WINDOW ROCK, Ariz. — Several members of the Navajo Nation Council were pleased with the recent announcement from Arizona Gov. Doug Ducey that the state of Arizona has opted in to the FirstNet emergency first responder network system that will deliver a specialized wireless broadband network to Arizona’s public safety officials and first responders.
Arizona is the thirteenth state to opt-in to the federal program.
FirstNet is a federal program that was established in 2012 by Congress, which is designed to deliver a nationwide broadband network dedicated to public safety, to strengthen public safety users’ communications capabilities enabling them to respond more quickly and effectively to accidents, disasters, and emergencies. States have the option of whether or not to opt-in to the program. The state of New Mexico also recently decided to opt-in to the program. The state of Utah has yet to issue a decision on whether or not to opt-in to the program.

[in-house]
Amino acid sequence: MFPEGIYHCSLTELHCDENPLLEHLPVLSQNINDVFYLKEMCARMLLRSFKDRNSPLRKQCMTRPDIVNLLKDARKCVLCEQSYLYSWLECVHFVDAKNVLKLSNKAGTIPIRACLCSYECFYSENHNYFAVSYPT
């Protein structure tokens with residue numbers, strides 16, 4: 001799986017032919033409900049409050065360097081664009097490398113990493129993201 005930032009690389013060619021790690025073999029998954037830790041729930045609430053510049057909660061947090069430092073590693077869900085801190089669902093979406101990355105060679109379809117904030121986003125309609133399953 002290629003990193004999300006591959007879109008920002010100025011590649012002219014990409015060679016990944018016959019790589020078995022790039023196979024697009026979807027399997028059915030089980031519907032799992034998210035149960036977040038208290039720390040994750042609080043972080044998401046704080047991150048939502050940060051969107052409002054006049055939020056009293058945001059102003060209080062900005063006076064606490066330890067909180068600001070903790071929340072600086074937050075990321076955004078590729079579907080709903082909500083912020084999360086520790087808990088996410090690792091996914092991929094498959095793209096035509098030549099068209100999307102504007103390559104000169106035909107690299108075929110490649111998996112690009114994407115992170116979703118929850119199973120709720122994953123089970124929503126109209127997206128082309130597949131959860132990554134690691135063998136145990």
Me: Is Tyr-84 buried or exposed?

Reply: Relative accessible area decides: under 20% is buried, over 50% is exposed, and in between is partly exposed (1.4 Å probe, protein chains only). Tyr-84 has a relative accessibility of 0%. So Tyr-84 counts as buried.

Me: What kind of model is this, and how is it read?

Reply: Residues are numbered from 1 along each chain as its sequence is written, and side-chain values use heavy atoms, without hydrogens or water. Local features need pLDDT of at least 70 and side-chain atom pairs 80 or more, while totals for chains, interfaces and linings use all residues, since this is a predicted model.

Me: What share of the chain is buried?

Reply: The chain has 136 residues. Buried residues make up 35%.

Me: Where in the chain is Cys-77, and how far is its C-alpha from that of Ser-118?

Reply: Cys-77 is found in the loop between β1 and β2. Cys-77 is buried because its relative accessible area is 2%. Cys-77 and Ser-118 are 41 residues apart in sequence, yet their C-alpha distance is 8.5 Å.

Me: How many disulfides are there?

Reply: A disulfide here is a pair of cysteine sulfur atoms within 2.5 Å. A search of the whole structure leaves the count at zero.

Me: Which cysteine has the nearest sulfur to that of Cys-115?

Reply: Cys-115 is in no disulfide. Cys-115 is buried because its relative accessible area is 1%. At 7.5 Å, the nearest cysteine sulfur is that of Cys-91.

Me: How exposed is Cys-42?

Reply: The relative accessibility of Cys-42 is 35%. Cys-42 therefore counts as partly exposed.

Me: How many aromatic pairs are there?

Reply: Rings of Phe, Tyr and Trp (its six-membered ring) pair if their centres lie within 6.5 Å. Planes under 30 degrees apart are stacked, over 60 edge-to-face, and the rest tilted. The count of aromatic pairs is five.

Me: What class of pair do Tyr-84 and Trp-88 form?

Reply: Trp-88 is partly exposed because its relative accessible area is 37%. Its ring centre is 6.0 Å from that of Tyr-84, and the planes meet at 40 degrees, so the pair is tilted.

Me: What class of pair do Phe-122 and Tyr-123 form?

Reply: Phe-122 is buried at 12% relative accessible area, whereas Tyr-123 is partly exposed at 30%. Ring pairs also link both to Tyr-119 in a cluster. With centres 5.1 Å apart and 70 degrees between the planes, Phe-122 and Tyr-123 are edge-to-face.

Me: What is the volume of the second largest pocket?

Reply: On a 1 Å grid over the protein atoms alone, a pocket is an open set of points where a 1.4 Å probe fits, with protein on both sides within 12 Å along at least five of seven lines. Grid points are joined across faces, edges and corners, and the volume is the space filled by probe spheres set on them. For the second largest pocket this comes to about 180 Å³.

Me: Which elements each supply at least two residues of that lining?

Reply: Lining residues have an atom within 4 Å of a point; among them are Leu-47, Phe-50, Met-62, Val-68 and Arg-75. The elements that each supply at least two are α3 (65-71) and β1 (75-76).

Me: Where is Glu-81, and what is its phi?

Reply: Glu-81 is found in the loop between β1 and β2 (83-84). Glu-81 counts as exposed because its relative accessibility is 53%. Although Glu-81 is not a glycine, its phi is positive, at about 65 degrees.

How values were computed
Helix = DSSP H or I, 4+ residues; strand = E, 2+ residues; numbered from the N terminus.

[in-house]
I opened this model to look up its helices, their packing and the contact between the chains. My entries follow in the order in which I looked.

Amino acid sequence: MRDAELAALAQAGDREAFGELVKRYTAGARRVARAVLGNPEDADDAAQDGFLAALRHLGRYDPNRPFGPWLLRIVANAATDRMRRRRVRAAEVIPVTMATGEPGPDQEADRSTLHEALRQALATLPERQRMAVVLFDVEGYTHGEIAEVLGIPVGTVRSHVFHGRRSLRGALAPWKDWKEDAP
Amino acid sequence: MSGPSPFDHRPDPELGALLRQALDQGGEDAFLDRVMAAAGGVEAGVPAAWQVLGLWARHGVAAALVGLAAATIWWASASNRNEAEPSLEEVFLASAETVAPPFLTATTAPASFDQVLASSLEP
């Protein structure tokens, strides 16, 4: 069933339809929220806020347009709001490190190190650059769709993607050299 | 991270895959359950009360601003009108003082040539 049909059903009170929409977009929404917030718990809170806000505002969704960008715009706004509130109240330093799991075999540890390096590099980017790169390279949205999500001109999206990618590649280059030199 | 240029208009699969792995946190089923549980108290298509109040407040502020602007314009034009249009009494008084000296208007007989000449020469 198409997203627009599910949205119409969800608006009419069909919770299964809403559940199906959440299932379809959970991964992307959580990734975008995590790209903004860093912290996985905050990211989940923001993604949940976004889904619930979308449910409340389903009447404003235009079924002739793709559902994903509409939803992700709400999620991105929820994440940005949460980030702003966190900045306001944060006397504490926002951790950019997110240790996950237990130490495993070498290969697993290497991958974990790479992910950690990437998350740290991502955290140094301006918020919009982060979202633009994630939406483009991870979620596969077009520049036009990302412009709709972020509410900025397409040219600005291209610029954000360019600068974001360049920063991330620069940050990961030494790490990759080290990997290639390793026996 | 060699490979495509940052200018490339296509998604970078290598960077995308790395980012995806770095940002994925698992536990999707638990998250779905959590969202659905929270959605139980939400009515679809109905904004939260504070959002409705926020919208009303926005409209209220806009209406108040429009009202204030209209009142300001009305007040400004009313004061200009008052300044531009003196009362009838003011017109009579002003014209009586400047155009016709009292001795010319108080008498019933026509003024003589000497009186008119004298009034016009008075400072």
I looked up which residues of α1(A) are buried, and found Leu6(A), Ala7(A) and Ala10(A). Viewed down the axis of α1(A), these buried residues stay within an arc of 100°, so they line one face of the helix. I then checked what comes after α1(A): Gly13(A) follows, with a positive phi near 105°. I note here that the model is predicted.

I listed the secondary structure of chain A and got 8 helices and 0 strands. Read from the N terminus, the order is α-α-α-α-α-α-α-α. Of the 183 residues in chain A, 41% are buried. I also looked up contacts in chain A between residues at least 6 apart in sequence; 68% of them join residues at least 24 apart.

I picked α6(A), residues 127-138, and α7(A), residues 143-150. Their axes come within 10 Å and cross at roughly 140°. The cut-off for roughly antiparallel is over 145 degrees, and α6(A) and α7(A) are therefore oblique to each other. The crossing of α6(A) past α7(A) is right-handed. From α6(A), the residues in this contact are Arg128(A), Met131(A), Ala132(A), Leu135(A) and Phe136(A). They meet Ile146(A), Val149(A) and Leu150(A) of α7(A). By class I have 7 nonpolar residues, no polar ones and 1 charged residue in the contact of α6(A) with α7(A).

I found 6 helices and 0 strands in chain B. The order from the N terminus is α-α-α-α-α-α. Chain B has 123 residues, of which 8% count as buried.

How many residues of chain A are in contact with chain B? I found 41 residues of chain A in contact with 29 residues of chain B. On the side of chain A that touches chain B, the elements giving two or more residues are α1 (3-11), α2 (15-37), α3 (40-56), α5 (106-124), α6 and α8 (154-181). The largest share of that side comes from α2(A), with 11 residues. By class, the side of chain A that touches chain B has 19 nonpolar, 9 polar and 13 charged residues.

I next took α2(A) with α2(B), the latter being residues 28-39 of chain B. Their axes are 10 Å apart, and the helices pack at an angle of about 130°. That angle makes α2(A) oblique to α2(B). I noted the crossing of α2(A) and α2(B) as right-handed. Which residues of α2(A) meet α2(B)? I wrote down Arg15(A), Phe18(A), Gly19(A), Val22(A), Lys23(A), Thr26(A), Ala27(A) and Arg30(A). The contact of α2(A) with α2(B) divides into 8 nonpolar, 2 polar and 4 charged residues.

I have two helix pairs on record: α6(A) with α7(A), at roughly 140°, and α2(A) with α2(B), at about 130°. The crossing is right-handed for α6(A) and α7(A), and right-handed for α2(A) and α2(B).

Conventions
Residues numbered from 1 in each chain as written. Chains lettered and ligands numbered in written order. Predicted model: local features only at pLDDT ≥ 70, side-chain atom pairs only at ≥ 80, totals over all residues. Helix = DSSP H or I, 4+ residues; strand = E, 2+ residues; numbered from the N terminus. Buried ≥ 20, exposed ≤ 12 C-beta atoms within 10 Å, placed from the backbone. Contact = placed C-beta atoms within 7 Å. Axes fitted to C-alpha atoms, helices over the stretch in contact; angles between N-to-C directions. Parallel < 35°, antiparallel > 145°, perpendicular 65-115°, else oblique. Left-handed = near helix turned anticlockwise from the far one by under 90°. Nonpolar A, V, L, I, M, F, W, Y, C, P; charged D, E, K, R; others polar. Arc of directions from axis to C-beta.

Council Delegate Kee Allen Begay, Jr. (Low Mountain, Many Farms, Nazlini, Tachee/Blue Gap, Tselani/Cottonwood), a member of the Law and Order Committee, said the council will continue to seek participation in the planning and implementation of the program to ensure that the Navajo Nation is included in the coverage area.
On Aug. 9, Delegate Begay introduced Legislation No. 0302-17, which requests the state of Utah to opt-in to the FirstNet program as well. The legislation is assigned to the Law and Order Committee and the Naabik’íyáti’ Committee for final consideration.
On May 24, Speaker Bates and Begay met with Ducey and requested the state opt-in to the FirstNet program and work closely with the Navajo Nation to make the program effective across the 27,000 square-miles of the Navajo Nation to help police and other first responders.
Begay said he will seek meetings with the governors of Arizona and New Mexico to address the implementation of the FirstNet system, and to urge the Utah governor to opt-in to the program as well.